As I’m sure you’ve noticed, I haven’t contributed much to Temple Study in recent months. I’ve received emails from readers wondering if I’m OK. I’m still here, but have had other priorities to attend to. Until life stabilizes a bit, I won’t be able to get back to blogging. Toby Palmer has offered to help keep the blog alive, and I’m interested in his insights about Hugh Nibley and the temple.
Guest Blogger: Toby’ s self-identifying moment came when he read a Hugh Nibley article describing the characteristics of an eschatologist—someone who loves and seeks the infinite possibilities of God beyond the veil. With this self-proclaimed title, Toby voraciously reads and writes searching the mysteries of God while building his own testimony of Jesus Christ. He proudly contributes to TempleStudy.com in hope of strengthening others. Toby lives with his wife and four children in Orem, Utah.
Many members of the Church of Jesus Christ of Latter-day Saints seek spiritual guidance for important individual and family decisions as they attend and worship at the temple. Many times divine messages that come to the heart and mind while in these holy spaces is hardly what is expected—and sometimes even a bit surprising.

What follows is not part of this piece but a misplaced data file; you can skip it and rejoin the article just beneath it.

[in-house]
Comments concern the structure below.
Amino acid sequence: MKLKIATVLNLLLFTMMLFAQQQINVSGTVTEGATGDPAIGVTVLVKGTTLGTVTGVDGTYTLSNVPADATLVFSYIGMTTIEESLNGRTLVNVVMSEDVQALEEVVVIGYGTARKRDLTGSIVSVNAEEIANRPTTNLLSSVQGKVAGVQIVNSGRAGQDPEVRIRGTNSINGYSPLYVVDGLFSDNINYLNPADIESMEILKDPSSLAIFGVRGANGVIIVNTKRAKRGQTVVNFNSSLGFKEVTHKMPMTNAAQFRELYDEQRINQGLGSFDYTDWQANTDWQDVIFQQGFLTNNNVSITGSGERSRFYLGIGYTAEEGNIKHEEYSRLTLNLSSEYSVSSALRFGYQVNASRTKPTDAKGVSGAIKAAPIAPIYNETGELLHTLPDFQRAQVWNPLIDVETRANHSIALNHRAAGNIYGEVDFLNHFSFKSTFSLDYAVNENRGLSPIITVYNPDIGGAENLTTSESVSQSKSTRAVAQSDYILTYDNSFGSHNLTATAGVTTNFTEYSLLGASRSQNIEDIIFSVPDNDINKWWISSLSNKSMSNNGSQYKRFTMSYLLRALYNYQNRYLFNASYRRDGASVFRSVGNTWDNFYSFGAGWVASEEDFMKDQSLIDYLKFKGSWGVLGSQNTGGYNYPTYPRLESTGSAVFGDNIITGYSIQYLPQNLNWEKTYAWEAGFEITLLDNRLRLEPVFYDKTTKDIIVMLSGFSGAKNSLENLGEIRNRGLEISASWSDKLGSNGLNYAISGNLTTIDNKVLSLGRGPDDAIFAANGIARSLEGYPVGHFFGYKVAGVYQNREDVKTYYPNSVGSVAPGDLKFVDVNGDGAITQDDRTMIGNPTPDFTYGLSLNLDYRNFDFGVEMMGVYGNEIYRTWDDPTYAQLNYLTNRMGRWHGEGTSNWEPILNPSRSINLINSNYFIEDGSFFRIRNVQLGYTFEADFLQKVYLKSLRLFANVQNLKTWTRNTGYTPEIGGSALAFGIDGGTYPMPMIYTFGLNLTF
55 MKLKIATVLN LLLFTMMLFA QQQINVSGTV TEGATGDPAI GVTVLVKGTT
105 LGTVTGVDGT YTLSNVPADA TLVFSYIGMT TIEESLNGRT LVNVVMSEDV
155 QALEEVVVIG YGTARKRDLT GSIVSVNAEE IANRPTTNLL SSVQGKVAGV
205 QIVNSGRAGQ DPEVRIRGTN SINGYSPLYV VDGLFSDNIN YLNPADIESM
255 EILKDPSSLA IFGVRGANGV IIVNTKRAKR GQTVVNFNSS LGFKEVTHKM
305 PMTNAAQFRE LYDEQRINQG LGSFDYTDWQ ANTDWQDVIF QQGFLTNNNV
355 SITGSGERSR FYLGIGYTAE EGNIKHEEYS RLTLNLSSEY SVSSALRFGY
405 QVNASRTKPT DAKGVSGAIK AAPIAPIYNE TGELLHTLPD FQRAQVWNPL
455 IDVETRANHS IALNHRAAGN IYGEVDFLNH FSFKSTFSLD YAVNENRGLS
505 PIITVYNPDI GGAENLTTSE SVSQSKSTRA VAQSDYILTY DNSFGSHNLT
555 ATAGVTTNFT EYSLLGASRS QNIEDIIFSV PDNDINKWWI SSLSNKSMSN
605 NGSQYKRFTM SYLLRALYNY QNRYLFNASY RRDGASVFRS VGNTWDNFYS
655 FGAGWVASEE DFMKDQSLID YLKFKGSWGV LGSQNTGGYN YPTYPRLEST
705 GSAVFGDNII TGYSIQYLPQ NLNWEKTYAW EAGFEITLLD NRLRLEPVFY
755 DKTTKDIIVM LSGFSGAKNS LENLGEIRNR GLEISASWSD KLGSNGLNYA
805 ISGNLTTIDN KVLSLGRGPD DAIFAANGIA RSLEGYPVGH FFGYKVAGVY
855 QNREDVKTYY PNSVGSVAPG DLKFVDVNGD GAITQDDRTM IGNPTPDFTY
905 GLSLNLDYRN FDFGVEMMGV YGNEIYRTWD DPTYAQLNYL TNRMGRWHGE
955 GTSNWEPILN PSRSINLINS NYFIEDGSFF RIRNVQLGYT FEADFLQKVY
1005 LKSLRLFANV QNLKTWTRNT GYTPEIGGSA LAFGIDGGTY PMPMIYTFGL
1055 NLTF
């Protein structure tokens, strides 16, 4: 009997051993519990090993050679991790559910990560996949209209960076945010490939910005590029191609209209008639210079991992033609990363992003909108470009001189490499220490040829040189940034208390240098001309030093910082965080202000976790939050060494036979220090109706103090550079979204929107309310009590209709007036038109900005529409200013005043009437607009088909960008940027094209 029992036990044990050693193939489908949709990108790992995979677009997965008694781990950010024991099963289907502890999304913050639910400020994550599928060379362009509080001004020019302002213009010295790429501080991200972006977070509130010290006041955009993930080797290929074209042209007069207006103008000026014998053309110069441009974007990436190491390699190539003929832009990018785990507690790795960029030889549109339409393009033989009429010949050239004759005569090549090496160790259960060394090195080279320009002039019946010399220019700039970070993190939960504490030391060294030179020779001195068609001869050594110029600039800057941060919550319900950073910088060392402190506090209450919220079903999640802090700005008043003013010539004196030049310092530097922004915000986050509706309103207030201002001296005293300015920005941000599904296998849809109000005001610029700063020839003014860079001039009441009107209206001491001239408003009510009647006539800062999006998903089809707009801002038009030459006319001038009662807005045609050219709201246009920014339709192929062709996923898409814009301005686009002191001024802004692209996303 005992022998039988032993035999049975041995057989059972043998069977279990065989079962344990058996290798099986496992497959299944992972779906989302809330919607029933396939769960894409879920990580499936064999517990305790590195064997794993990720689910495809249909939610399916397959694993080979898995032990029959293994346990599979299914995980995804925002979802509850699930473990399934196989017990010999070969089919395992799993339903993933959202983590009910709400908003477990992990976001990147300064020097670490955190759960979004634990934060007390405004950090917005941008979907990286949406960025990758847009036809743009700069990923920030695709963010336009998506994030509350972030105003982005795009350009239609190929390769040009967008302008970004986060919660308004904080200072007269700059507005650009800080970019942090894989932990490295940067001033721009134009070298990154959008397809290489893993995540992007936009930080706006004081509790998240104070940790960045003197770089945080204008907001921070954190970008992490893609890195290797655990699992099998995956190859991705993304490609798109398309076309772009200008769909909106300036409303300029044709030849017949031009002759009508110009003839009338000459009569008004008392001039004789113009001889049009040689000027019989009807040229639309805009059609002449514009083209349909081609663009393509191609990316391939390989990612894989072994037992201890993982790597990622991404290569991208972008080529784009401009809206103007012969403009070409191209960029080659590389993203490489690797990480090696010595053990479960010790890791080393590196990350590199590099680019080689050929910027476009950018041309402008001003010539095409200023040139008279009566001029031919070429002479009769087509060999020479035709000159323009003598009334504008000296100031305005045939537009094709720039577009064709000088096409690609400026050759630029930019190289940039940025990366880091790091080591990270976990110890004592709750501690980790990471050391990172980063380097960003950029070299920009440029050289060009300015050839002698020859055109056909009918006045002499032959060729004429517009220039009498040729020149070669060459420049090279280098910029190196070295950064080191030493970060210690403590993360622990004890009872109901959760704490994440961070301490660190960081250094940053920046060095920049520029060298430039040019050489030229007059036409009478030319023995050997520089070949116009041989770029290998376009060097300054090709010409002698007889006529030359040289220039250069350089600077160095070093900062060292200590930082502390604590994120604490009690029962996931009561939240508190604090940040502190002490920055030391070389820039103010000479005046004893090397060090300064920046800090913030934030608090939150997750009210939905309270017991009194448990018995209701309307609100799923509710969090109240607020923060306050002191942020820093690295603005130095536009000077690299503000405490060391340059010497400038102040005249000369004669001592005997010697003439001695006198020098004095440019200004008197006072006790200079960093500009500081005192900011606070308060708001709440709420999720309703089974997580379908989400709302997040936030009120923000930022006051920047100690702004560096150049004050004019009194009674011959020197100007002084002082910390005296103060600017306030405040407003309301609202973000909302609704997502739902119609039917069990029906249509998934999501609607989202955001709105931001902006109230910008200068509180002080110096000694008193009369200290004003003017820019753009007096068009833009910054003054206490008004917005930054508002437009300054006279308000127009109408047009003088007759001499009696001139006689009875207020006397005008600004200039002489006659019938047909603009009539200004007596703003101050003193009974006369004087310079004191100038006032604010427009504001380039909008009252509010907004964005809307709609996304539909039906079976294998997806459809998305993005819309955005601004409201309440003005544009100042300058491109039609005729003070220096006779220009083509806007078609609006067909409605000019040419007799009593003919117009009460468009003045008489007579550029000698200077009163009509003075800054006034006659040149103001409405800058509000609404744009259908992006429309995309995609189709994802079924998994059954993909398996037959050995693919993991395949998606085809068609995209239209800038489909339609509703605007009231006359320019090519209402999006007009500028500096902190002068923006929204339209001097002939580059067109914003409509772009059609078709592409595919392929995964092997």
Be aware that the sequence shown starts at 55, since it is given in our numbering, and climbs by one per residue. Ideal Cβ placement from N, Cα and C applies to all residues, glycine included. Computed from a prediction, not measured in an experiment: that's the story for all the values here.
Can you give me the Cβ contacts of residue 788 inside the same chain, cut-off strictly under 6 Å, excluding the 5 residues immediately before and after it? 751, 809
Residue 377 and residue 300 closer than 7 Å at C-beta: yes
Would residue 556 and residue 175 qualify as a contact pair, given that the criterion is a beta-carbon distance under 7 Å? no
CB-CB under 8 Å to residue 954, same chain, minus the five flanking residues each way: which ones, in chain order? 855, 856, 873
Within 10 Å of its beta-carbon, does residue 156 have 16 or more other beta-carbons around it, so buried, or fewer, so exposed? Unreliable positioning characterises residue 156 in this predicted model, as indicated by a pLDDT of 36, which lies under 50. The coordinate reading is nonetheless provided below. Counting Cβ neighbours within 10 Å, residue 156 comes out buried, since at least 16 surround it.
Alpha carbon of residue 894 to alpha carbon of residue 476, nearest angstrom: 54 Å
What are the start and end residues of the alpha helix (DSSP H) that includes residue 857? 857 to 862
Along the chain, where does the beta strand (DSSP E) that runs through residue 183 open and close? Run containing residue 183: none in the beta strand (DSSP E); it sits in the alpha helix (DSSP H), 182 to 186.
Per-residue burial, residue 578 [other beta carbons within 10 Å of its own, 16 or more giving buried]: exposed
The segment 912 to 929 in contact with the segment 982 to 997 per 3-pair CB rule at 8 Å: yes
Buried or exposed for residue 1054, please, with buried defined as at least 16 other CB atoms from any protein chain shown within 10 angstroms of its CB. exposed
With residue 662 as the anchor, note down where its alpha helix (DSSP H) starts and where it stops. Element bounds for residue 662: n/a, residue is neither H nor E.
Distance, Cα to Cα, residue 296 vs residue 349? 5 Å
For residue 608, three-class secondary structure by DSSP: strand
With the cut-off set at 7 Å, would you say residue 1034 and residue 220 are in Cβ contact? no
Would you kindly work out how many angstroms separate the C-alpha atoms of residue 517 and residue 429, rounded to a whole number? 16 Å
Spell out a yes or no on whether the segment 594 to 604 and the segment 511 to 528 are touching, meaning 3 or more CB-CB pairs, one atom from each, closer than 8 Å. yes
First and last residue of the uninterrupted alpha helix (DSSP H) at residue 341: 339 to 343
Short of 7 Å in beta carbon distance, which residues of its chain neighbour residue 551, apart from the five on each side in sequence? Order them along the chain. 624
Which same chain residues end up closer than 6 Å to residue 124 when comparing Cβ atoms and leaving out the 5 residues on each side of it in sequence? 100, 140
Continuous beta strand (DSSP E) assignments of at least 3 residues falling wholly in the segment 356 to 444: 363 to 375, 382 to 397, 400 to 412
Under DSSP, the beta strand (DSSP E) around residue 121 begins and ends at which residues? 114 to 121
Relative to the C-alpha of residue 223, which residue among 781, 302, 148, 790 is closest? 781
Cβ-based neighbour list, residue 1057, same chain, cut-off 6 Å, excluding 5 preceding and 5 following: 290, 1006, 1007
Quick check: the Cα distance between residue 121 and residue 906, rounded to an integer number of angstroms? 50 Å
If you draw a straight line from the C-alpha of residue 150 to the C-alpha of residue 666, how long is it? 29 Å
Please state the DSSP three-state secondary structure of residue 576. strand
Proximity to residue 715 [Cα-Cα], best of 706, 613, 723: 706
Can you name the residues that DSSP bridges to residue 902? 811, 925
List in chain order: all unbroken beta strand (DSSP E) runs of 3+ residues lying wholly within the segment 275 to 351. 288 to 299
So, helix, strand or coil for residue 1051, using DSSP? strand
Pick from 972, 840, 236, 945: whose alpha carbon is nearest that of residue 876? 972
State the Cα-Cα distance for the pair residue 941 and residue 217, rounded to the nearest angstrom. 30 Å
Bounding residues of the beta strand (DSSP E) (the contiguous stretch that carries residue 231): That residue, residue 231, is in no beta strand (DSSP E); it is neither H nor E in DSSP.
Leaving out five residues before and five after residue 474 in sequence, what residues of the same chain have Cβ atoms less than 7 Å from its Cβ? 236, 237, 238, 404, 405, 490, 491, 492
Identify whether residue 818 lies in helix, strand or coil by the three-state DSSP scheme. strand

According to Hugh Nibley in Three Shrines: Mantic, Sophic, and Sophistic ((Hugh Nibley, Three Shrines: Mantic, Sophic, and Sophistic can be found at http://farmsoldsite.farmsresearch.com/publications/books/?bookid=76&chapid=955)), being surprised by revelation is exactly what should be expected. Nibley explains the mantic individual seeks revelation and the sophic person goes no further than his own learning for knowledge. To the sophic the thought of finding answers from a spiritual source is “uncontrollable, incalculable, and full of imponderables” and completely unacceptable to the cool and rational mind. Conversely, the mantic believes revelation comes in the same unexpected way. The difference between the two is the mantic has learned to trust the divine message as he bends his will to the creator.
Consider scriptural accounts of those being surprised by unexpected revelation. Gabriel’s visit to Zacharias in the temple took the wise man by surprise, the shepherds on the eve of Christ’s birth were “sore afraid” at the site of the angel—a feeling the apostles also experienced on the Mount of Transfiguration. Even people chosen of God for great things had to do a double take during these personal spiritual experiences.
Nibley cites C.S. Lewis in reference to revelation, “That is one of the reasons I believe Christianity. It is a religion you could not have guessed. If it offered us just the kind of universe we had always expected, I should feel we were making it up…”
Next time you attend the temple seeking spiritual council, keep in mind the answer you receive may be unexpected and challenge the will to obey. Take heart with this paradox. Our faith can be strengthened by expecting the unexpected answers from Heavenly Father.